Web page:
Verb production has been shown to be impaired in individuals with agrammatic Broca’s aphasia. Several theories linked this deficit to problems with the implementation of grammatical information the verb contains. In particular, the number and the type of arguments associated with a verb were suggested as causes of production difficulties in agrammatic speakers. The influence of these two factors on agrammatic production has earlier been investigated in English and Dutch (Thompson, 2003; Bastiaanse & Van Zonneveld, 2005).
The paper concerns argument structure of causative verbs in Tundra Nenets and Forest Nenets. Special attention is paid to marking of the initial subject of a non-causative construction. Changing of syntactic status of predicate’s arguments in course of causativization meets expectations and conforms to B. Comrie’s generalization known as “paradigm case”. According to it, the causee (initial subject) is demoted to the highest free position at the grammatical relations hierarchy. The basic ingestive verb (‘eat’) is of interest because it is transitive in the Nenets languages and does not admit omission of its direct object. However, it is causativized as if it were intransitive. Short comments on syntax of an analytic causative construction are also made.
The volume includes papers devoted to valency change operations in various languages.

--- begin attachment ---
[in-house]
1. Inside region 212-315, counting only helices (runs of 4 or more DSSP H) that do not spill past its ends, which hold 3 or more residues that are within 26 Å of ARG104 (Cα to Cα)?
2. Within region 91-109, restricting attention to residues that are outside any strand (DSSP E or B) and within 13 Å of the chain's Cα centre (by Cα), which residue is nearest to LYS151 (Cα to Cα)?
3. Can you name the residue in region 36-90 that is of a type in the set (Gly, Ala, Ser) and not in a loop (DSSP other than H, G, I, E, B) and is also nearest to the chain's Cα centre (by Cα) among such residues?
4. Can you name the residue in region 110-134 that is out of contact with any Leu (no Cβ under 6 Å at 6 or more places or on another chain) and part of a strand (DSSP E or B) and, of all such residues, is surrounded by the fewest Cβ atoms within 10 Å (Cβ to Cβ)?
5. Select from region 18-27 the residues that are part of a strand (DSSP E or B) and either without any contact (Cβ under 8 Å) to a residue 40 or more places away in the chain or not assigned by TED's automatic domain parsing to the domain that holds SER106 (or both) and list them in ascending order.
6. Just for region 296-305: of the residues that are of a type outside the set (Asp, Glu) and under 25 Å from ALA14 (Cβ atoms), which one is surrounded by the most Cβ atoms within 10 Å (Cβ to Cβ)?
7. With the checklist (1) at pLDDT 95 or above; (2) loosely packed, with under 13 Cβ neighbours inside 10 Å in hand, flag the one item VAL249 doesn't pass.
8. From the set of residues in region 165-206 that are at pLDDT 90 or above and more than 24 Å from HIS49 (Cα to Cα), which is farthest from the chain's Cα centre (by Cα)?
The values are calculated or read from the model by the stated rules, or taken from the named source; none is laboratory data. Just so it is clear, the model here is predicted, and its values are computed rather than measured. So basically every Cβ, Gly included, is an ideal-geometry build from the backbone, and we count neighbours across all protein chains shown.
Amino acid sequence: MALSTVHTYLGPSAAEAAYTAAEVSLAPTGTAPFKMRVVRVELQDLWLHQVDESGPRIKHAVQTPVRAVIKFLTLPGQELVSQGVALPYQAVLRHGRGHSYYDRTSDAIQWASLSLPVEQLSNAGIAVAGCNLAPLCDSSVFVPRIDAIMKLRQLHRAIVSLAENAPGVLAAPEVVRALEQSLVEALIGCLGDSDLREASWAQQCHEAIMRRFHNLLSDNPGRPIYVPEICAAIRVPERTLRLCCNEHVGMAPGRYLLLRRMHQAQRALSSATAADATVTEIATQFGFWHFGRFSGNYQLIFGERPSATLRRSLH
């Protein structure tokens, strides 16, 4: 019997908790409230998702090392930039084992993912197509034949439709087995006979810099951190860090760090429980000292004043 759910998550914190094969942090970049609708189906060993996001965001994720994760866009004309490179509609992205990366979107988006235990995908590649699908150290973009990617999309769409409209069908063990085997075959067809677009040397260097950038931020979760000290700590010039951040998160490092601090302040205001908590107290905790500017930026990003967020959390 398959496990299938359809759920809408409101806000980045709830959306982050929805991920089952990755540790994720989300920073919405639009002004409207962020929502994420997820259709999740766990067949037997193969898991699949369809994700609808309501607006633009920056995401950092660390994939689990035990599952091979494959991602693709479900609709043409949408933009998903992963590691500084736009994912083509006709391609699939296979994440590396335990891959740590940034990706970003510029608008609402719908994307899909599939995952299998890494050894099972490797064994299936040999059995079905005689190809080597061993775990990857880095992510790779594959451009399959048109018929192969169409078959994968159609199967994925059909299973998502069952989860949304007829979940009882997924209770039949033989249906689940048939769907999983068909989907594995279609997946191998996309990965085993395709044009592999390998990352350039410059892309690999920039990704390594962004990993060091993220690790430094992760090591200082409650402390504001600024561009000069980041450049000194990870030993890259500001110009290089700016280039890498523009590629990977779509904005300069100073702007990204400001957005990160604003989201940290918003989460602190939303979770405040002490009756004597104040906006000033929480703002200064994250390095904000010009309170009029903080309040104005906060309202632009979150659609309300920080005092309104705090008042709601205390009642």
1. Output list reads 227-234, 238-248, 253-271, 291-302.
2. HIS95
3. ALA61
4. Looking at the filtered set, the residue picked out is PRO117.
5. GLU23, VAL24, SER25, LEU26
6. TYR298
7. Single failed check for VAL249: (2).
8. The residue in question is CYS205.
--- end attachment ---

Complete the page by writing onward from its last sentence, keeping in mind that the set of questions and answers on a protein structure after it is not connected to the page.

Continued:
In the review I discuss articles, which are included in the volume about grammatical relations and their coding in Baltic languages, edited by Axel Holvoet and Nicole Nau, The volume includes Lithuanian, Latvian and Livonian data, which is analyzed both in formal and functional framework. The problems under analysis include differential object and subject marking, semantic motivation of valency patterns, the role of negation in the syntactic behavior of the verb and other interesting issues.
This research studies the influence of professional competence of EFL learners on their metaphor production. The task was approached through analyzing metaphors in the English written texts produced by Russian students with different competence in economics – the non-professional and professional competence level. Findings highlight similarities and divergence of metaphor use in L2 writing in terms of learners’ professional competence. The results of comparative analysis of specific features in metaphors produced at different professional competence levels reveal the quantitative and qualitative differences of what functions metaphors are used to perform and to what extent they are used accurately. With the shift from the non-professional to the professional competence level learners are able to use metaphors that combine a function of presenting abstract concepts with a discourse organising function in a more balanced way and make much more use of creative metaphors, and their metaphor production tends to be less influenced by L1 background. Practical recommendations suggest an improved research methodology for studying metaphor production in ESAP as well as a deeper understanding of ESP content and its structure.
The article examines the main trends in the study of the Stalinist period and the phenomenon of Stalinism in connection with the mass opening of the archives.